Having lost three straight games for the first time all season, the Chicago Bulls are in unfamiliar, and treacherous, territory. Unless they win three straight games against the Miami Heat in the Eastern Conference Finals, which continue Thursday night, their season will end prematurely.
But the Bulls have been competitive in these games, even the losses. Their inexperience, and dearth of talent compared to Miami, has cost them dearly, which one observes most clearly in the struggles of league MVP Derrick Rose in the fourth of games in this series. As Sun-Times writer Herb Gould notes, the Bulls point guard "has gone 2-for-14 in the fourth quarter and overtime" during the last three games, with the Heat switching All-NBA defender LeBron James onto him and sending extra defenders if needed. Without a reliable second option--not even top-dollar free-agent addition Carlos Boozer--the Bulls have faltered with Rose simply trying to do too much.
The most recent instance came in the closing seconds of Game 4, when Rose tried to take James off the dribble, but couldn't get all the way to the basket, instead hoisting a 17-footer which clanked off the iron. The score remained tied at 85, and the Bulls went on to lose by a 101-93 final margin.
Afterward, Tom Thibodeau did what great coaches are meant to do: he stuck up for his star player. From Gould's story:
"That’s his shot," coach Tom Thibodeau said. "If he sees an opening where he can drive, we want him to drive. But if he wants to pull up, he’s made that shot all year. If it goes in, we’re all praising him. If it doesn’t, everyone wants to criticize him."
Those comments make sense on the surface, mostly because the Bulls don't have another player who can create his own shot, so Rose has to take those game-saving ones himself. But implicitly, Thibodeau suggests he won't change his strategy despite Rose's recent failures. And, with the season in the balance, perhaps he ought to.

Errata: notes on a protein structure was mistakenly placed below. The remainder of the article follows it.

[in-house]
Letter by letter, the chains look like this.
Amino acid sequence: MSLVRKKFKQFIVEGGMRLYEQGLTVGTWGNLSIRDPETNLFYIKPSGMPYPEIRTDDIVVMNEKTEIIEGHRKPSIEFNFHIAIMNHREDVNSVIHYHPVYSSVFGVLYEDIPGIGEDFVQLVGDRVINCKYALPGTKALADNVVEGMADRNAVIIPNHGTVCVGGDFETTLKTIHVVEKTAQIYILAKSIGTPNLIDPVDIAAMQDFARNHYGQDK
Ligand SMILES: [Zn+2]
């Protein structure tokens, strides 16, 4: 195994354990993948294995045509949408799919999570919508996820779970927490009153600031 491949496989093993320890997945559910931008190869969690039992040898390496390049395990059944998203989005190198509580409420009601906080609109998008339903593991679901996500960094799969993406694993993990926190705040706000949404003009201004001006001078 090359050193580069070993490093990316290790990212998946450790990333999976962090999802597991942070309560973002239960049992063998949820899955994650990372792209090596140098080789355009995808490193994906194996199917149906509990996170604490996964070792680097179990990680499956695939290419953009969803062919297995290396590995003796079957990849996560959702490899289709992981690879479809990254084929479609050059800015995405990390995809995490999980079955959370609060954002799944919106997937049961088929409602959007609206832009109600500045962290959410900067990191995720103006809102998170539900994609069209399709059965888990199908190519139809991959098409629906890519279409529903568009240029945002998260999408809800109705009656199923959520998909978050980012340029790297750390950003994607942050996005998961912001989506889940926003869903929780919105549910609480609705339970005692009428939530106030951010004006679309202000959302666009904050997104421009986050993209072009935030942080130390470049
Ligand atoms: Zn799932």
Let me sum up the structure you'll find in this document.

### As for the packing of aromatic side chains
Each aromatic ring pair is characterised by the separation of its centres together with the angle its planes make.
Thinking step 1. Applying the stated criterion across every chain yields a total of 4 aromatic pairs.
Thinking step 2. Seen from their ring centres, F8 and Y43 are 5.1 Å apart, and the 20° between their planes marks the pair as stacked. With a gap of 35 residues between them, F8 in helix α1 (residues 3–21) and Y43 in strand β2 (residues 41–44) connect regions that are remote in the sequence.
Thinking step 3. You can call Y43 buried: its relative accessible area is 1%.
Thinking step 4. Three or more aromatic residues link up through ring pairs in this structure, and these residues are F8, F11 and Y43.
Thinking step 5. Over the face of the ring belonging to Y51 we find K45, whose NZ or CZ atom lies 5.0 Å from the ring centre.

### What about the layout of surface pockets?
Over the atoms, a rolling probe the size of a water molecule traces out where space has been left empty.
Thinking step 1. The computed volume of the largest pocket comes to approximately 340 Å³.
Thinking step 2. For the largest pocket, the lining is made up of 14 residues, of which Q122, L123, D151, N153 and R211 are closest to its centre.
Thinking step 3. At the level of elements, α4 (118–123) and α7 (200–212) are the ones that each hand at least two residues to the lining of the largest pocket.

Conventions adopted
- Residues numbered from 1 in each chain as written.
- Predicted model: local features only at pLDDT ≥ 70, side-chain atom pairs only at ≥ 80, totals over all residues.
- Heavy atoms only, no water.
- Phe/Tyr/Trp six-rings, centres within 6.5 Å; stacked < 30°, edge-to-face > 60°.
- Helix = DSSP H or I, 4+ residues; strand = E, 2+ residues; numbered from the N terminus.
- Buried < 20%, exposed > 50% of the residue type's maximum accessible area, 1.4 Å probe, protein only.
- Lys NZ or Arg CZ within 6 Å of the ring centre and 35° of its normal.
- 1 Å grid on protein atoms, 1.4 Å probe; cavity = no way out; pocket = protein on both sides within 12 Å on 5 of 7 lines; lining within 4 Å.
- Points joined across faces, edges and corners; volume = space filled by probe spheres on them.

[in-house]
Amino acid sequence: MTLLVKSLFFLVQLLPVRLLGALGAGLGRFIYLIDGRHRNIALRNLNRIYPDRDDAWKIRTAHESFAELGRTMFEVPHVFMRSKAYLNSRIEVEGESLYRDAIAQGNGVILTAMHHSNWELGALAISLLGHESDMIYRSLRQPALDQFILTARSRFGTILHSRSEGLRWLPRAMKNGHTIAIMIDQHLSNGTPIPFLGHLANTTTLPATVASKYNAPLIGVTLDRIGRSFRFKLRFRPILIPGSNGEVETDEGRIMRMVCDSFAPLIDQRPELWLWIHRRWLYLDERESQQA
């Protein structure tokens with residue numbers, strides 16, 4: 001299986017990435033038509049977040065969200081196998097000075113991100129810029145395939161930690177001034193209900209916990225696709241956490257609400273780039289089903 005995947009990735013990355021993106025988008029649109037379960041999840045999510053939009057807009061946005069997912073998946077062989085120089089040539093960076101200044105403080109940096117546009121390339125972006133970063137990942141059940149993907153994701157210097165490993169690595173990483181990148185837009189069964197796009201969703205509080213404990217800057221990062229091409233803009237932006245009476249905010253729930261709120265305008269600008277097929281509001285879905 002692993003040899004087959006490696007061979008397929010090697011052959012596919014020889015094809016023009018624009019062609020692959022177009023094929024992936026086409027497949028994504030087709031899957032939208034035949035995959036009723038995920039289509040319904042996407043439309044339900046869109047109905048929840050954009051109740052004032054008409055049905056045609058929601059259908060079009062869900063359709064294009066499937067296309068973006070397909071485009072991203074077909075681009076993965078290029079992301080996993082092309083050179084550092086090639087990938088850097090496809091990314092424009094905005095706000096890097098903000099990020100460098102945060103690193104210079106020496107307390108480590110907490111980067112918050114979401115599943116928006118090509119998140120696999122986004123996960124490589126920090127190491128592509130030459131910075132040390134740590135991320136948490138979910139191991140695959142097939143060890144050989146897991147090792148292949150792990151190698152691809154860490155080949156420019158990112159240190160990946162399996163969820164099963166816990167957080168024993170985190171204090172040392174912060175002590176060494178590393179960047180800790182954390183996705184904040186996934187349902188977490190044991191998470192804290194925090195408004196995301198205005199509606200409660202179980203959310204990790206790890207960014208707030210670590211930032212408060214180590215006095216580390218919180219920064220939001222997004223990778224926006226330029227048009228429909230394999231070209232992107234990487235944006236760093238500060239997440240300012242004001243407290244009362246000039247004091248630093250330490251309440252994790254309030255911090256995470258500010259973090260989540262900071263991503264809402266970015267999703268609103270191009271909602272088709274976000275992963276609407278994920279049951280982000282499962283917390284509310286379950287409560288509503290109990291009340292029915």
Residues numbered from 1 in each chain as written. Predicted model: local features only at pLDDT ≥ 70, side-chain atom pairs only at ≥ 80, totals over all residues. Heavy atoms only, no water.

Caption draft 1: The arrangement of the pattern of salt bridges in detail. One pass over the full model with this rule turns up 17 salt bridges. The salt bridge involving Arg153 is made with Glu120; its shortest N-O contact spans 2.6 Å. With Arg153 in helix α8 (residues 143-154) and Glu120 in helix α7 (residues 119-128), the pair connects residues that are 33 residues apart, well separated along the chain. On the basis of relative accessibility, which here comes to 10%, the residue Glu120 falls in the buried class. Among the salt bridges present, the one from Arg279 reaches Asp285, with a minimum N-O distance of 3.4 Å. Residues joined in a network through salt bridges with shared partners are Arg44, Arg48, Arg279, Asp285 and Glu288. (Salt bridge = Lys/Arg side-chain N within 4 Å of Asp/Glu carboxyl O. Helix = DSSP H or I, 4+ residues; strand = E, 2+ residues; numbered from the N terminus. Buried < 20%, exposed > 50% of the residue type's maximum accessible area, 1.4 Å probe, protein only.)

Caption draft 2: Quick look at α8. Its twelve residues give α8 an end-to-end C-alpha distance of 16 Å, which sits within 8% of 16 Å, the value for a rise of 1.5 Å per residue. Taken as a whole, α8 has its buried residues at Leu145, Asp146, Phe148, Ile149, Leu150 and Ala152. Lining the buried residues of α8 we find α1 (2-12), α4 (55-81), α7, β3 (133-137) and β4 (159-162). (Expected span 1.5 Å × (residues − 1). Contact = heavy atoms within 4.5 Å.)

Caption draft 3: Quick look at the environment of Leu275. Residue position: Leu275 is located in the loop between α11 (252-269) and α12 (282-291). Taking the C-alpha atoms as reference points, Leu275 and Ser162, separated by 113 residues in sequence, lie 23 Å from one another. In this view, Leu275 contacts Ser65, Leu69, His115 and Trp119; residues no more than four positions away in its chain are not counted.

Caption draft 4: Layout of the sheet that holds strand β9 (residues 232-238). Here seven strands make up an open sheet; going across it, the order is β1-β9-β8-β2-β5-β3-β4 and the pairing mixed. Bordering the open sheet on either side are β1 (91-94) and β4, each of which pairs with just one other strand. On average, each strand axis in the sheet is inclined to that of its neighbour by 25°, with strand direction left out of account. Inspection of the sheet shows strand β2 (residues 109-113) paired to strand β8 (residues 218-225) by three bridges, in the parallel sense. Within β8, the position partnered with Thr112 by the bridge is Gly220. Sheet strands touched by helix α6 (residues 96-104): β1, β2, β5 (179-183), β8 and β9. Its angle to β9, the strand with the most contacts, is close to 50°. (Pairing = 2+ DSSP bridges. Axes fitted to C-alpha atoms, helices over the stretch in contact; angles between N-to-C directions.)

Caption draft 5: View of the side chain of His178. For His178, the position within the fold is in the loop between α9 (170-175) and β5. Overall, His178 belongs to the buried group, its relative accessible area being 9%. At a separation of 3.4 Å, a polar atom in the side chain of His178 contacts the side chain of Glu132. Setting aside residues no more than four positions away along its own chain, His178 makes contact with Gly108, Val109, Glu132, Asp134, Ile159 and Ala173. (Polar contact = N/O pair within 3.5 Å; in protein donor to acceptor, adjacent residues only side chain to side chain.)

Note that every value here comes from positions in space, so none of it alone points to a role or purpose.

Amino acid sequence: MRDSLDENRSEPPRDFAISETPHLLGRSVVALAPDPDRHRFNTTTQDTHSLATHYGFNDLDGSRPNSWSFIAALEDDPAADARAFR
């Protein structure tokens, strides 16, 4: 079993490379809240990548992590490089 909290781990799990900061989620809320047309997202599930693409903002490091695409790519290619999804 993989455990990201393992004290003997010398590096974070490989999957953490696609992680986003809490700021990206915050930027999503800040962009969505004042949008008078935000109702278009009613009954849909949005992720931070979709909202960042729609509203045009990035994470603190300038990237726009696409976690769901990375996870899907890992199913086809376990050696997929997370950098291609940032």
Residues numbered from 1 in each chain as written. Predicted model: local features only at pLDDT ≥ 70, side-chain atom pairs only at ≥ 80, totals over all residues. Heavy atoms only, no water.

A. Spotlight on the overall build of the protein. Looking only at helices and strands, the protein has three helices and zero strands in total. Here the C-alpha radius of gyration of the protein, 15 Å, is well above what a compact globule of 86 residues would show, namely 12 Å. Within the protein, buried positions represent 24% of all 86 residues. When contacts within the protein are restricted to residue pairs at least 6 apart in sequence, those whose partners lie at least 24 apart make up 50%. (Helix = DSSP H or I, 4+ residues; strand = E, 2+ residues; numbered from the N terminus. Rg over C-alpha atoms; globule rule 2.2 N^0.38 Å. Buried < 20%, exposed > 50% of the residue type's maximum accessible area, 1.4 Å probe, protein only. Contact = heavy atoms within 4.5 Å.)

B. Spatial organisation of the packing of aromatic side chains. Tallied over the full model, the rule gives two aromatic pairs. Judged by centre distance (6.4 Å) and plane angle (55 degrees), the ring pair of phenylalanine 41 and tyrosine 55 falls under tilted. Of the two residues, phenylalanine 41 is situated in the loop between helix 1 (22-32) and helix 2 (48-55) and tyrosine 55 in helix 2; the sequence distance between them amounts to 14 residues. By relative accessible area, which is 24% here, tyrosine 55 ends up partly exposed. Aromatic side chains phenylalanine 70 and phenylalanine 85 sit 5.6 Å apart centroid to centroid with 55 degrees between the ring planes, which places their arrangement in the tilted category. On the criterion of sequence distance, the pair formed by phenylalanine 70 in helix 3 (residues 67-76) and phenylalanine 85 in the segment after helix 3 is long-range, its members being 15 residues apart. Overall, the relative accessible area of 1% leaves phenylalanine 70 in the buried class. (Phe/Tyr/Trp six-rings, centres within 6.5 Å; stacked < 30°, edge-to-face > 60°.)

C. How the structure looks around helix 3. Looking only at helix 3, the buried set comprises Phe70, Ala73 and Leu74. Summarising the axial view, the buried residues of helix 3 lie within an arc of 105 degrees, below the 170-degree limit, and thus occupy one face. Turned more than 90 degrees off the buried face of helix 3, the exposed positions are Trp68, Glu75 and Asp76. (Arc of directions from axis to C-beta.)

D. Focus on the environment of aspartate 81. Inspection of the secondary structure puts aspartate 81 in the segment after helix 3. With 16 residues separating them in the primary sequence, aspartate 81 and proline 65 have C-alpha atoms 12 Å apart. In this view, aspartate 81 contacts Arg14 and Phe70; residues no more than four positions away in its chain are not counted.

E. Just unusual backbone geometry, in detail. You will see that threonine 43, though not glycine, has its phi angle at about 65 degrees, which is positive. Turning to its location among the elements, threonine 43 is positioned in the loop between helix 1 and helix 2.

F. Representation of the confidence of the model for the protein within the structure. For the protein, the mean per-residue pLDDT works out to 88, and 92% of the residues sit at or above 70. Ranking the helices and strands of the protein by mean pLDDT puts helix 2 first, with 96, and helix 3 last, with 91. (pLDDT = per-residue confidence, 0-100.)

There's also the problem that the pull-up jumper isn't Rose's best option, though Thibodeau calls it "his shot." The stat- and play-tracking service Synergy Sports Technology says Rose has shot 37.1 percent on jumpers off the dribble this season, scoring 0.815 points per shot. That accuracy ranked him 38th in the league, behind the illustrious A.J. Price, among the 45 players who averaged at least three such shots per game. And he ranked second in the league, trailing only Monta Ellis, in pull-up jumper attempts per game, with 5.4.
The latter number at least confirms part of Thibodeau's analysis; perhaps the pull-up jumper is Rose's shot after all, given how often he takes it... and he takes it frequently, more than all but one player, usually when teams load up on him and take away his driving lane to the basket.
Is here a pass he should make in those situations instead? Can he pull the ball back out and re-set the offense? Rose and Thibodeau may need to rethink their strategy here. Sometimes, you can give the ball to your best player and ask him to save you, but for Chicago, implementing that tactic--if one can even call it a tactic--hasn't paid dividends in this series.